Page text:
Shareholders of Ecobank Ghana Limited have authorised the Bank to increase its stated capital from GH¢226 million to GH¢ 416.64 million, through a transfer of GH¢ 190 million from the Bank’s income surplus account.
The move is in compliance with the Bank of Ghana’s directive to all banks in the country to increase their minimum stated capital to GH¢ 400 million by the end of December, 2018.
Speaking at the Bank’s 2017 Annual General Meeting (AGM) held in Accra on Friday, Mr Terence Ronald Darko, the Chairman of the Board of Directors of Ecobank Ghana, said because of the need to capitalise the income surplus to meet the new minimum capital requirements, the Bank was unable to pay dividend for 2017.
However, he said, the bank would be issuing bonus shares of one share for every ten held, which in addition to the capital gains made on the bank’s stocks would be a big boost for shareholders.
“The Board, working closely with the executive management team, is confident that the strategy currently being implemented will underpin the long-term growth of your company should lead to the resumption of cash dividend payment in the future,” Mr Darko said.
Mr Darko said although 2017 was a difficult one for the banking industry due to the adverse macro-economic environment, characterised by declining yields on financial instruments, high levels of non-performing loans and increased competition for deposits, the bank was able to overcome the challenges and remains profitable.
Ecobank recorded a revenue of GH¢1.1 billion, down seven per cent from 2016, keeping its market leadership in revenue terms.
The slight drop in revenue was attributed to declining interest rate and the one-off gains from de-recognition of financial assets amortised in 2016, which were not present in 2017.
The bank made a profit before tax of one-off gains from de-recognition of financial assets amortised GH¢358 million compared to GH¢463 million for the previous year.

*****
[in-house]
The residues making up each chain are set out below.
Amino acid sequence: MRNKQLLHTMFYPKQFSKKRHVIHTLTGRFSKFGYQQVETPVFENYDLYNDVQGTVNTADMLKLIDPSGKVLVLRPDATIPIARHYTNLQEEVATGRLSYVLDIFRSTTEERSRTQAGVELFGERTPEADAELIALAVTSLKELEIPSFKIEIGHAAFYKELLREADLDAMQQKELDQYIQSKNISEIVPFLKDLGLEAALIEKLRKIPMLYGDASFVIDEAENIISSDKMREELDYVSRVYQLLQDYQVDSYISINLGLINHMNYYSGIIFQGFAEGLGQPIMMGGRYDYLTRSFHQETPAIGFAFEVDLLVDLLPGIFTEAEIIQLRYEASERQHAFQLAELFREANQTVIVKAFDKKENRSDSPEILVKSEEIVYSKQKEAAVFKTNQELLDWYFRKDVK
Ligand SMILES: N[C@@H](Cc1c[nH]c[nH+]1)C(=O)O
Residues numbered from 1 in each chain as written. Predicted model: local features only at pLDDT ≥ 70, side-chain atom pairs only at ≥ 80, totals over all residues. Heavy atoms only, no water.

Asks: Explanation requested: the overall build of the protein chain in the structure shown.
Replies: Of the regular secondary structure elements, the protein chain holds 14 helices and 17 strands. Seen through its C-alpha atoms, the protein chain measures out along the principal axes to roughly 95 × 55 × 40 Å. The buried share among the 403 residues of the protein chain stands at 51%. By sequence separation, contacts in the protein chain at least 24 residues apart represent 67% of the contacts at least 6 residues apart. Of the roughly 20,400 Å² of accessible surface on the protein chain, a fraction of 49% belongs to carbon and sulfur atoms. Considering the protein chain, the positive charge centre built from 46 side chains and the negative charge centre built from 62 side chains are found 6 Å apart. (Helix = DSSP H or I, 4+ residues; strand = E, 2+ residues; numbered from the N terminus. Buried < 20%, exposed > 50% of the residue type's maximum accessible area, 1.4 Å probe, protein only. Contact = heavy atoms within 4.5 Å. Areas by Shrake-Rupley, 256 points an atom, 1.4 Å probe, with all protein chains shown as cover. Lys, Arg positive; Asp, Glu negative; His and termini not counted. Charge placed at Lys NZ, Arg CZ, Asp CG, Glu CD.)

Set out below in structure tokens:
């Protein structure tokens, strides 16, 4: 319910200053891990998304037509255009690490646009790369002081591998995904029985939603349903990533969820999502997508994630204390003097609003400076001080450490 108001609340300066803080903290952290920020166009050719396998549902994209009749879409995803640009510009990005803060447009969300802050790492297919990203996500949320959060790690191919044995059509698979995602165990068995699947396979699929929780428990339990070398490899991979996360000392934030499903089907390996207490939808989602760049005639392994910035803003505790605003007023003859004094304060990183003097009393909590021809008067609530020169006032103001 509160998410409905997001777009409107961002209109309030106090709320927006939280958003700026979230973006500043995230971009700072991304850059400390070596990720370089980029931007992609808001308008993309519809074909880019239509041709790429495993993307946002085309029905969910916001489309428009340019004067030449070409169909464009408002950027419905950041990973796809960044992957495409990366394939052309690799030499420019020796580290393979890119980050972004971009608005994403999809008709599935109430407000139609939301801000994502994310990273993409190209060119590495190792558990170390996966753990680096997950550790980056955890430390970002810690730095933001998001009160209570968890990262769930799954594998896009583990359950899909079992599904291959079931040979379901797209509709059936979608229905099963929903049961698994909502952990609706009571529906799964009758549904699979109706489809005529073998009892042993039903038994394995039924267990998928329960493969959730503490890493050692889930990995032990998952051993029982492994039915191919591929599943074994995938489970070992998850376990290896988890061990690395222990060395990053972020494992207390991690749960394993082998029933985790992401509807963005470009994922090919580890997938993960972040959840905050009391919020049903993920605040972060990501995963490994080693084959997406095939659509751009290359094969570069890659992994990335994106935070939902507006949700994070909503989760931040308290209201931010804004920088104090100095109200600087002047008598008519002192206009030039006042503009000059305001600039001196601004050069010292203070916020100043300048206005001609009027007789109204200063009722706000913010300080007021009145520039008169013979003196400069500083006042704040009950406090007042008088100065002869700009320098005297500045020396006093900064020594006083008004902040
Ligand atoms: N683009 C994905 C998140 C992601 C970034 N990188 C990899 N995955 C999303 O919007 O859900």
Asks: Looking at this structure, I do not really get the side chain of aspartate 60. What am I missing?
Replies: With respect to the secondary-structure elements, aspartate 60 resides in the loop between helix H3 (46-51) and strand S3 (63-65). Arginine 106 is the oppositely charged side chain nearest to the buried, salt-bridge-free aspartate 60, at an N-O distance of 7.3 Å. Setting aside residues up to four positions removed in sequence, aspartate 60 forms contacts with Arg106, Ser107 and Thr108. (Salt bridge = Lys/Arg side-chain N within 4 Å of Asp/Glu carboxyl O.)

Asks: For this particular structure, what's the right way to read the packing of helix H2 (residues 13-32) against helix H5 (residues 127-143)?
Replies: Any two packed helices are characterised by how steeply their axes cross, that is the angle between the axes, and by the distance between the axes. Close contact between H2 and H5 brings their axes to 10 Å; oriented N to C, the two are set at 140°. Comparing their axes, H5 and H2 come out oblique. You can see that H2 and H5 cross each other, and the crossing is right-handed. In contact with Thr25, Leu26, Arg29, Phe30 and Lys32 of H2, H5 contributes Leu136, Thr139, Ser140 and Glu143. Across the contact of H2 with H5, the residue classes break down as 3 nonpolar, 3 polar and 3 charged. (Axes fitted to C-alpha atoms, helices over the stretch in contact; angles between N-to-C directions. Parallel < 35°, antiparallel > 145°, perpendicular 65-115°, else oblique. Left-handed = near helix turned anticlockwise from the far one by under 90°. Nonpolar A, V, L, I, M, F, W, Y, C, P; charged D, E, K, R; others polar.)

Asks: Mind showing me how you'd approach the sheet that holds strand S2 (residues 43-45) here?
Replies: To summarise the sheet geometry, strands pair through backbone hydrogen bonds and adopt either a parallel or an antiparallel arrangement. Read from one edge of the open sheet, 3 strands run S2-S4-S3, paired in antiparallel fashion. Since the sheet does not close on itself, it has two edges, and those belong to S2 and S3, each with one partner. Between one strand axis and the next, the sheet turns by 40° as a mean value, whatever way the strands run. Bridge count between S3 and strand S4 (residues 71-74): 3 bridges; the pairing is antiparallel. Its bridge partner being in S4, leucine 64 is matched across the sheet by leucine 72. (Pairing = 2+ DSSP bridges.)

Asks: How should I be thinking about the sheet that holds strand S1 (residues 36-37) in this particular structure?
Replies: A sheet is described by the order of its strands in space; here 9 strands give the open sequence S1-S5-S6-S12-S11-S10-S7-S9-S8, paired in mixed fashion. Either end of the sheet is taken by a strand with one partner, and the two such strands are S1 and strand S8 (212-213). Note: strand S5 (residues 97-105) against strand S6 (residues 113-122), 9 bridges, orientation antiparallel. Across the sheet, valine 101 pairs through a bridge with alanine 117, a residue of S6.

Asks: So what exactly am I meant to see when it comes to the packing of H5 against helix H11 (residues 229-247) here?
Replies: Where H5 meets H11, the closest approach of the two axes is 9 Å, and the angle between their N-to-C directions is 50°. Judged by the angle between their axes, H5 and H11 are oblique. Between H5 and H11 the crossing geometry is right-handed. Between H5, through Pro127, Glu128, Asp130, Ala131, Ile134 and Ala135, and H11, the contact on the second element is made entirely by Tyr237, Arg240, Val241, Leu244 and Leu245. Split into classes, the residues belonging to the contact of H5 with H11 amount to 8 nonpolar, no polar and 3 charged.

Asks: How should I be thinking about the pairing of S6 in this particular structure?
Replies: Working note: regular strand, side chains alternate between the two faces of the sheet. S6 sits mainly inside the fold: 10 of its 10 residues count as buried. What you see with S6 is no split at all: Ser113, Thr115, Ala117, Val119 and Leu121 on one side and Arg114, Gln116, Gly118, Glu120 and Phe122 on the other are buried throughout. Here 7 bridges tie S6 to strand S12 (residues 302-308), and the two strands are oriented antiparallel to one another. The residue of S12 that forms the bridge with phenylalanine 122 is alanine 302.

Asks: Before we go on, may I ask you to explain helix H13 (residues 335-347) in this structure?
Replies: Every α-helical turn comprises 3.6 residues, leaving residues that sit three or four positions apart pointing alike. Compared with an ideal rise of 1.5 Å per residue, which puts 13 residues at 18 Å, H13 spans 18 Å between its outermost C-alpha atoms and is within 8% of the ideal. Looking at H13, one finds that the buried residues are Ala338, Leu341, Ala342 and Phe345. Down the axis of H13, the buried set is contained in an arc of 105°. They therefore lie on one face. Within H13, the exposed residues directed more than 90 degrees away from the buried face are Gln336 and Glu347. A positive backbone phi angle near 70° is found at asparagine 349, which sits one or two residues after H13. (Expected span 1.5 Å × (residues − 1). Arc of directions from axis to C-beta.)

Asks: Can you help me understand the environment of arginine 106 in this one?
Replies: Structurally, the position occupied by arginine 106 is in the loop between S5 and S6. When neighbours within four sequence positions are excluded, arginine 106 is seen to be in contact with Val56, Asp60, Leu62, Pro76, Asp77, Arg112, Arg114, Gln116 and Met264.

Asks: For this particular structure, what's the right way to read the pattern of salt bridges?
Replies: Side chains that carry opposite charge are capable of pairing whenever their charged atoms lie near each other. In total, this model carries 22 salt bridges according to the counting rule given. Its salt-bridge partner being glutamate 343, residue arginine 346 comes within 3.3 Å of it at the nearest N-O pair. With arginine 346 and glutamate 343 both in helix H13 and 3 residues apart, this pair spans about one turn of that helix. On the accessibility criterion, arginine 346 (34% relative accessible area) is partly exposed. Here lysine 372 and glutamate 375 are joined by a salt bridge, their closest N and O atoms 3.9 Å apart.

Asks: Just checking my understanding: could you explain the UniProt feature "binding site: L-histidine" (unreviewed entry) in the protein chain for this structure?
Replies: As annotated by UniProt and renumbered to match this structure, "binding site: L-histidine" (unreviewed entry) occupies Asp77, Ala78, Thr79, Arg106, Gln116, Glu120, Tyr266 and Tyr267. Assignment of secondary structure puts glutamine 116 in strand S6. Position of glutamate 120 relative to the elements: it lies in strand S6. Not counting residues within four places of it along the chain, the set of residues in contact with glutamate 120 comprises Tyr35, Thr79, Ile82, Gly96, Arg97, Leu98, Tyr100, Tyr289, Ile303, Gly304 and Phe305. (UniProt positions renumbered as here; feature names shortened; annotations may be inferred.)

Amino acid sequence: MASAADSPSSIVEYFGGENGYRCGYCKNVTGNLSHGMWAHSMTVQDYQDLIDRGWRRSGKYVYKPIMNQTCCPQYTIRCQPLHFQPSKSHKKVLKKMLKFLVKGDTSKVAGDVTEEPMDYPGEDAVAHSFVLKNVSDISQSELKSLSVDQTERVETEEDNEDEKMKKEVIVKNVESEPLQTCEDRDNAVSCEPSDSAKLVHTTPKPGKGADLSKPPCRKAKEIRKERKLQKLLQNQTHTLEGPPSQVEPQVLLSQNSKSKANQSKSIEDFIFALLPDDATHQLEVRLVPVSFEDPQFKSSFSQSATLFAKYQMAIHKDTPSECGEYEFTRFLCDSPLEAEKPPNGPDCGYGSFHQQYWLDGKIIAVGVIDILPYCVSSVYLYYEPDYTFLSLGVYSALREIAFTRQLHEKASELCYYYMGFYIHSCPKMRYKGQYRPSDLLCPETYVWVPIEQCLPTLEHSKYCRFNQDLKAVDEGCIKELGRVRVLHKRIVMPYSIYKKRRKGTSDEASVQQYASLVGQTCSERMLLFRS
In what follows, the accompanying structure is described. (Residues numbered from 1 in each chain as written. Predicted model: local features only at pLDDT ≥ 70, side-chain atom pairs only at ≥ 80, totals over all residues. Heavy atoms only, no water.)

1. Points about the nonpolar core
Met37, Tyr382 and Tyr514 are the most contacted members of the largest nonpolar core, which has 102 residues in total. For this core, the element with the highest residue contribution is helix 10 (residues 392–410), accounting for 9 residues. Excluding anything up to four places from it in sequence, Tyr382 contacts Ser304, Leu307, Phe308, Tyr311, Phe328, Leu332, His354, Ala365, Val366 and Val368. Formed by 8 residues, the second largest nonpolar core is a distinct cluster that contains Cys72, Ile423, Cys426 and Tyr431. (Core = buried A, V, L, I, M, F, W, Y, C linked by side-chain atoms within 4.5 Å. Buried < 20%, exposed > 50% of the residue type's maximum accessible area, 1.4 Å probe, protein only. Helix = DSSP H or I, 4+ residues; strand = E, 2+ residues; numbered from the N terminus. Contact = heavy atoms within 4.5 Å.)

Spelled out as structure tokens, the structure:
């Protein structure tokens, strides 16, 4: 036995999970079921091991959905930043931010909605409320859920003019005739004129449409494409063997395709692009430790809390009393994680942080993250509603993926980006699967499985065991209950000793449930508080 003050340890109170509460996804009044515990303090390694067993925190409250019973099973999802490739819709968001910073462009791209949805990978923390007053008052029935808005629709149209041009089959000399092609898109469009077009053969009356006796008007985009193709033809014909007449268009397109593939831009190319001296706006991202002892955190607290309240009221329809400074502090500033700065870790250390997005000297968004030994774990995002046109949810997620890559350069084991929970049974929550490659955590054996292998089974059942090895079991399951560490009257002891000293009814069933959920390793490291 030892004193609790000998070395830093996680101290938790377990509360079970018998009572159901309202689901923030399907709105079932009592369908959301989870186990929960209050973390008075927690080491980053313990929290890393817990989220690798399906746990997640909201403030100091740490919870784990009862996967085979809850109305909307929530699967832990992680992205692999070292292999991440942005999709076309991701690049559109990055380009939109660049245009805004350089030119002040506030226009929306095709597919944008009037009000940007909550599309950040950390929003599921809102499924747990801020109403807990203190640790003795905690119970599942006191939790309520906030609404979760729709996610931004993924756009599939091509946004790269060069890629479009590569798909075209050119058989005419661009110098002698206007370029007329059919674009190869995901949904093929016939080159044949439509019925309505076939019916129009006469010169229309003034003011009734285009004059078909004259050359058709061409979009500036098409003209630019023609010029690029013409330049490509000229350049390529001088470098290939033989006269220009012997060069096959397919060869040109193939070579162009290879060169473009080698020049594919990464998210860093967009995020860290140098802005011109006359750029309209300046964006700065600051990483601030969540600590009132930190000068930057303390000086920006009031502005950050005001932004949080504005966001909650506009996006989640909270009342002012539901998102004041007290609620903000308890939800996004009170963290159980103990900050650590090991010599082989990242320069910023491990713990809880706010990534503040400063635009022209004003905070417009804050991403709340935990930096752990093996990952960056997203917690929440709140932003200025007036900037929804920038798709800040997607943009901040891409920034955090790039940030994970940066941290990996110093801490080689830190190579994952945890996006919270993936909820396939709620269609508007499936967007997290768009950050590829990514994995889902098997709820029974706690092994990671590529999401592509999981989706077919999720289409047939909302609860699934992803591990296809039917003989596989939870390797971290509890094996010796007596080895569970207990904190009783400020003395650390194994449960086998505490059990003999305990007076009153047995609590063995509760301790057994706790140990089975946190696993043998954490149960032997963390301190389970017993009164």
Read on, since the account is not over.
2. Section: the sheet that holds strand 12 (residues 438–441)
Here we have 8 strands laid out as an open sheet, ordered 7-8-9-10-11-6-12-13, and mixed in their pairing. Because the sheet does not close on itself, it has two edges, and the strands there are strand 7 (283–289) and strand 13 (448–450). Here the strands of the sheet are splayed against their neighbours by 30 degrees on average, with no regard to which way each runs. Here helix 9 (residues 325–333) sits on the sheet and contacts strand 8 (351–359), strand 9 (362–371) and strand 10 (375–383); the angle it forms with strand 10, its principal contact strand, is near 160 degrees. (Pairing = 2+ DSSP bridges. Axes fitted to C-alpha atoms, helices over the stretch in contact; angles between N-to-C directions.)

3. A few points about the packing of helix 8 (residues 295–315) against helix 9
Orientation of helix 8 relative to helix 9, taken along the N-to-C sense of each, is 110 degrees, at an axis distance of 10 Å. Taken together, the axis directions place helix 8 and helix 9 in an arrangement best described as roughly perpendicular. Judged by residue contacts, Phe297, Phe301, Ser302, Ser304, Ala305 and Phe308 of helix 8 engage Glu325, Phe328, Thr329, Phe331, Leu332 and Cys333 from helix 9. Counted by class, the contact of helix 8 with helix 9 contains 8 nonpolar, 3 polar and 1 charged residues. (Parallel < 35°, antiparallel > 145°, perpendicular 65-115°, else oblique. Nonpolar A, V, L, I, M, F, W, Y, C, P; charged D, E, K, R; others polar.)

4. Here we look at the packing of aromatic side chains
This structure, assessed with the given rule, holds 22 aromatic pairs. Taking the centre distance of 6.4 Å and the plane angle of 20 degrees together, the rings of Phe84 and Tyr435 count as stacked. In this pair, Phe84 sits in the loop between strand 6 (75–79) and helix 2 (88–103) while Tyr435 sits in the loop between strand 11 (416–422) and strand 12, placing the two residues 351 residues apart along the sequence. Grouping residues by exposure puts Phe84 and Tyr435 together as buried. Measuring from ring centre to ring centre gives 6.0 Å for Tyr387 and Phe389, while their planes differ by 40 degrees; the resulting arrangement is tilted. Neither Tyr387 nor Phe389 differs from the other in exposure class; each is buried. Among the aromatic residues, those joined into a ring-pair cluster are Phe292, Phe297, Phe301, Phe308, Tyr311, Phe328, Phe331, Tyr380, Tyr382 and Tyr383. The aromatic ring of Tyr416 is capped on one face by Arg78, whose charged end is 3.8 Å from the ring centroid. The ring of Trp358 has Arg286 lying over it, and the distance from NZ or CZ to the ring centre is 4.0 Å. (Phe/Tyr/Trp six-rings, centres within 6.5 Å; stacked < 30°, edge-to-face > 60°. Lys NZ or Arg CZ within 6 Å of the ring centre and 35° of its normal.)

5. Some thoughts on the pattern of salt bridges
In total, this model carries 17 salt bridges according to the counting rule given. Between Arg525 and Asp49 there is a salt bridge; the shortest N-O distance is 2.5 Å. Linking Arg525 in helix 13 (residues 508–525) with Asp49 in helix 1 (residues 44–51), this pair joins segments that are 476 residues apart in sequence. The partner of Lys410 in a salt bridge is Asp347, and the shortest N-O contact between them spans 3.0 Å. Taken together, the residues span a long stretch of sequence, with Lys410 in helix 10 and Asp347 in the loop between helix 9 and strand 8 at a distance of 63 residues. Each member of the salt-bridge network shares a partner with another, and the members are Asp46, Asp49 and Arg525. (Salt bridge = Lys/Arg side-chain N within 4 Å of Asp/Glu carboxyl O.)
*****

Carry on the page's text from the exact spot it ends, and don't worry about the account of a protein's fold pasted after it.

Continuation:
Earnings per share of GH¢0.87, a decline of 22 per cent compared with GH¢1.12 in 2016 while return on total shareholders’ equity was 25 per cent in 2017 down from 35 per cent the prior year.
“Our balance sheet is healthy, with total capital adequacy ratio of 13.76 per cent, which is above the regulatory threshold of 10 per cent,” he said.
“Going forward, we expect a boost in business confidence as the declining interest rate regime translates into lower cost of production and increased productivity for our clients,” he said.
Mr Dan Sackey, the Managing Director Ecobank Ghana, said declining yields coupled with lower government borrowing as well as delayed payments from the energy sector and state owned enterprises had a negative impact on financial performance.
He said amidst the challenges the bank was able to further grow its balance sheet and customer deposits by over 20 percent.
“Despite recording a slight dip in profits, the bank also achieved a three per cent return on assets and 25 per cent return on equity demonstrating how efficiently the bank was managed for the period,” Mr Sackey said.
Mr Sackey said the bank’s digitization drive and adoption of mobile technologies had seen a tremendous success with more than 895,000 Ghanaians on board the mobile application.